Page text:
HW Cali 368
Towering above the small crowd of family, friends, sponsors, and media assembled at the docks of the San Diego Maritime Museum was a familiar redheaded fellow that, as a fan of both basketball and the Boston Celtics, I immediately recognized. It’s been nearly a quarter of a century since Bill Walton-a native San Diegan who wandered up the freeway to become a college hoops legend at U.C.L.A.-played a key role in helping the Celts win yet another NBA championship in the mid-1980s, but the rangy 7-footer still looks essentially the same.
Somehow Big Bill, who grew up by the beach and is well-versed in ocean-conservation issues, had heard about our Around the Americas expedition (www.aroundtheamericas.org), and he made it a point to be dockside when our 64-foot cutter, Ocean Watch, rolled into town. It’s one thing to meet one of your sports heroes face to face, but it was truly otherworldly when he used that exact word to describe his take on our journeys. Later, he invited the entire crew to his house for dinner, which was certainly one of the high points of our visit thus far to California.
Herb McCormick| |Ocean Watch crew Dave Logan, Herb McCormick and Mark Schrader with basketball legend (and tall dude) Bill Walton.|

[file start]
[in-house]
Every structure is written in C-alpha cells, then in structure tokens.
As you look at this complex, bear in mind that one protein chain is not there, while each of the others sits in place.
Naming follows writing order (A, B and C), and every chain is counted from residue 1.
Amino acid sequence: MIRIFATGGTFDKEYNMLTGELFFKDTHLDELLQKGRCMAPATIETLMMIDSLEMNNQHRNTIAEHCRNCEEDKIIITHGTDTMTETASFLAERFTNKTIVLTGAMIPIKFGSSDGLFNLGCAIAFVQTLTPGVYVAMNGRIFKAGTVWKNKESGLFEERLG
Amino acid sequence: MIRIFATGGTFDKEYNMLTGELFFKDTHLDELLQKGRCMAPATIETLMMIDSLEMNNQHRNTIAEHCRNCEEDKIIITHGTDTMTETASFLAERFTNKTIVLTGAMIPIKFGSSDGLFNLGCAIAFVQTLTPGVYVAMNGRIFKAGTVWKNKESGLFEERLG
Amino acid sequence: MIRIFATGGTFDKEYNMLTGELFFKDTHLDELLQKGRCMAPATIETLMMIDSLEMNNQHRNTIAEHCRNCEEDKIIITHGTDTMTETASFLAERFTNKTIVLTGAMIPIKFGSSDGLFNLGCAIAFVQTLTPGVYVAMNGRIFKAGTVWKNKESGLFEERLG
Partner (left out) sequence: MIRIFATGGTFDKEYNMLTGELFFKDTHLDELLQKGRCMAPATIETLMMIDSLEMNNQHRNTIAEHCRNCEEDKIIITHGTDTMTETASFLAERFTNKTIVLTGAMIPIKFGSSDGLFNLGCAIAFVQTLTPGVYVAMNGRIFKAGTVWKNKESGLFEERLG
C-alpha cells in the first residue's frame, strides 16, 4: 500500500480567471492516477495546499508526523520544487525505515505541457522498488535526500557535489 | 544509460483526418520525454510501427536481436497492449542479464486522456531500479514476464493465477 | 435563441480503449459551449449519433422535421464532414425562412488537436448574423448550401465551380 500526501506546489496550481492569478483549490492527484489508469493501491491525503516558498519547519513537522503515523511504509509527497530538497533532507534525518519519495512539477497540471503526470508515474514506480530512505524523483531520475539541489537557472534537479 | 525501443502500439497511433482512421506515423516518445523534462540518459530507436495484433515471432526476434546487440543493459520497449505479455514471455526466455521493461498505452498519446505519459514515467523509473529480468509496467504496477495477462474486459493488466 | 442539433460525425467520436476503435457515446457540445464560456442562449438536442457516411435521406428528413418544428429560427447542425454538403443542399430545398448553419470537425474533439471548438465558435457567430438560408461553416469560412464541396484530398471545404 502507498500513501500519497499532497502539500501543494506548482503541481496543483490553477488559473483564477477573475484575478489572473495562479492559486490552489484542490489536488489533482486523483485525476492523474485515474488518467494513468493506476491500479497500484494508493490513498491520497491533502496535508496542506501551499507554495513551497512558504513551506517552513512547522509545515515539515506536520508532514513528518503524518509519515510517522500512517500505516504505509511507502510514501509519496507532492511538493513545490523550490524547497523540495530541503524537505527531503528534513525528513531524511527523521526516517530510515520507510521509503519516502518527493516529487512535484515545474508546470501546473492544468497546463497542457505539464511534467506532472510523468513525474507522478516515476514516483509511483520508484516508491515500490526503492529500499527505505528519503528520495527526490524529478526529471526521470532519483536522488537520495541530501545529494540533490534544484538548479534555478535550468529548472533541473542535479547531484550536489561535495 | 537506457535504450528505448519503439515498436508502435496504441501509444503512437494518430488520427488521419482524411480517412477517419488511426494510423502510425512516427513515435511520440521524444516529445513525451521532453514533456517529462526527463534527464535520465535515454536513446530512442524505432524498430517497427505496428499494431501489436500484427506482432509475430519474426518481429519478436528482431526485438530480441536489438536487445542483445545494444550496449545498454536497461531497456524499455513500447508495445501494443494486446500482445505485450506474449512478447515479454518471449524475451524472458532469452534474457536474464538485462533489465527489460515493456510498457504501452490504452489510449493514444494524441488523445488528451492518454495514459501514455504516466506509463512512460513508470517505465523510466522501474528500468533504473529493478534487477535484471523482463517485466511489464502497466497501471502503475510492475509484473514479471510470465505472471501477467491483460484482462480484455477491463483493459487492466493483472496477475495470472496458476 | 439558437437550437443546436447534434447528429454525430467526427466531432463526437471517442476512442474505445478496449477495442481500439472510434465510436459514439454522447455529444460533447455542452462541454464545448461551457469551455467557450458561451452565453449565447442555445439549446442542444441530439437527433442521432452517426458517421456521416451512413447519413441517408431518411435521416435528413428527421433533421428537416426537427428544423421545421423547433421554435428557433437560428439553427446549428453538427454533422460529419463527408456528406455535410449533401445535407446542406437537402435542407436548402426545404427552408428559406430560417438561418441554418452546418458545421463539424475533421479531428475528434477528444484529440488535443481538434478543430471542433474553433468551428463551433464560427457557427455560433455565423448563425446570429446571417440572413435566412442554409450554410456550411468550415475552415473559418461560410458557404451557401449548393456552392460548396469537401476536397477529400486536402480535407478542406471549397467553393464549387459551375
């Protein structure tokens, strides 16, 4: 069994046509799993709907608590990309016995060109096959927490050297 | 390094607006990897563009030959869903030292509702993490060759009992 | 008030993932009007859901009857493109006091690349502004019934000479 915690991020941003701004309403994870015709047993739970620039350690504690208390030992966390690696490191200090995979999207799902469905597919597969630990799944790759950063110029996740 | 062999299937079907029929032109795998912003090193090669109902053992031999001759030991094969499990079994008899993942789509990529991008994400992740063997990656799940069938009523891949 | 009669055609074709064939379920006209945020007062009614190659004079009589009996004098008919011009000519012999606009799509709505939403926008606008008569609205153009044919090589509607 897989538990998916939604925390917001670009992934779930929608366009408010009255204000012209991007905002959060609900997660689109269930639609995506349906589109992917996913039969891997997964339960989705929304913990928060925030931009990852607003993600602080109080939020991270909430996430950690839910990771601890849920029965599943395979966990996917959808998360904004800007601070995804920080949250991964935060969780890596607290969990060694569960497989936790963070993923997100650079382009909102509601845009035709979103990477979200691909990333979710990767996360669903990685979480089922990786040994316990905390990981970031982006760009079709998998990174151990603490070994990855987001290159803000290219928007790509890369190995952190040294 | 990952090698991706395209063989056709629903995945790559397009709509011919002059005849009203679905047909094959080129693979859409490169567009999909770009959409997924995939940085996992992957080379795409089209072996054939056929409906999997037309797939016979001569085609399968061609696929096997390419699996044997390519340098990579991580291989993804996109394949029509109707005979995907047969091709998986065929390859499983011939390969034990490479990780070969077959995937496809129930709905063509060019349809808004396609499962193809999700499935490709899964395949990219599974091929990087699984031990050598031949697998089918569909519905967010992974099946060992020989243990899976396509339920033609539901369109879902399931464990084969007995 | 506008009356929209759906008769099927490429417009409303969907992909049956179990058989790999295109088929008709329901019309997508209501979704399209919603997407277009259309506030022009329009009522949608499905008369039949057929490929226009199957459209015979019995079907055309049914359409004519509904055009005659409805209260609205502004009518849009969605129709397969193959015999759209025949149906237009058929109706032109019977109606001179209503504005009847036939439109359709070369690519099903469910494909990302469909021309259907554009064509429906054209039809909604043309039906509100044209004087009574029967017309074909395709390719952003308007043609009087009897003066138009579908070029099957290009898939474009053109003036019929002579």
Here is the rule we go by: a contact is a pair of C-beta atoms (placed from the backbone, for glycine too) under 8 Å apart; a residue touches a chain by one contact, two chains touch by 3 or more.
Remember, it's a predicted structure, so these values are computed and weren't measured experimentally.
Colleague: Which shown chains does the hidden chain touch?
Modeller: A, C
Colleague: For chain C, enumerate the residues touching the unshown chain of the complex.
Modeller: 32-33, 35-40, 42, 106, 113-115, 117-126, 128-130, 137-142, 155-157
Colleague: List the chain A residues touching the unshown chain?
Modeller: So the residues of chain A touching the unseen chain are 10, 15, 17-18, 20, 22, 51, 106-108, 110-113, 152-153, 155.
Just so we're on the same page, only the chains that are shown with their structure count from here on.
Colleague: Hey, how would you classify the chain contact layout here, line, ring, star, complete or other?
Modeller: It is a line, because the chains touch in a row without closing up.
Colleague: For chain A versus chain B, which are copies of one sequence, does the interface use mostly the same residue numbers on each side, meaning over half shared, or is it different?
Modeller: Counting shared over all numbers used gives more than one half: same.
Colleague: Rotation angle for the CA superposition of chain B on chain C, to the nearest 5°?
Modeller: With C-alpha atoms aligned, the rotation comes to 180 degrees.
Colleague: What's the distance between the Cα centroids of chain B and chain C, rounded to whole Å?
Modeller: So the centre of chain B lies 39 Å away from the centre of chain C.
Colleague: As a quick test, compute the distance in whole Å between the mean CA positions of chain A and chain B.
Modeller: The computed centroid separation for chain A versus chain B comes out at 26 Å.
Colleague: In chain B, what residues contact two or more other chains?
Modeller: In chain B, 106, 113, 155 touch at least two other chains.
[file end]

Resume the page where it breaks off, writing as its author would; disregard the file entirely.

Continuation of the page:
Every upside, however, often has a downside, and that’s also true of our ramblings along the state’s long, rugged coast thus far.
We’ll start with the positives, which include wonderful receptions in San Diego, Catalina Island, Marina del Rey, Santa Barbara, and Monterey. Along the way, we’ve hosted dozens and dozens of students, including a group of inner-city kids from Los Angeles who left us in awe of their intelligence, enthusiasm, and energy. Our shoreside visits have been uniformly terrific.
The problem, then, hasn’t been the stops themselves; no, the issue, and it’s been a grand and consistent one, has been getting from one port of call to the next.
The short trip from San Diego to Marina del Rey is usually fairly benign, but it turned into a bouncy, windy affair that left one of our guest crew incapacitated by seasickness. We caught a break on the hops out to Catalina and then up to Santa Barbara, but once there, a staunch northerly breeze filled in with steady pressure around 30 knots and gusts up to 50. Once again, we have an ambitious schedule of appearances and open houses here in California, but the weather kept us harbor-bound for several days.
Finally, skipper Mark Schrader and the rest of us saw what we thought was a short lull in the pattern, so we set out from Santa Barbara for the roughly 200-mile sail up to Monterey. And, to put it mildly, we had our butts kicked.
Herb McCormick| |Windy Point Conception is known as the Cape Horn of California.|
We rounded Point Conception-the so-called Cape Horn of California-under clear skies but with a 25- to 30-knot northwest breeze right on the button. The winds weren’t all that exceptional, but the seaway kept building and building, and then the odd wave started breaking, and the motion was absolutely miserable. We had a long, rough 36 hours before things started to moderate. Luckily, by the time we reached Point Sur, the wind had swung south, but we were all very happy to tie up in Monterey.
Once there, we received news that in the same gale, in separate incidents, three boats and four sailors were lost at sea off the coast of California. We’d certainly had our ups and downs in the last few weeks, but we had a lot to be thankful for, too.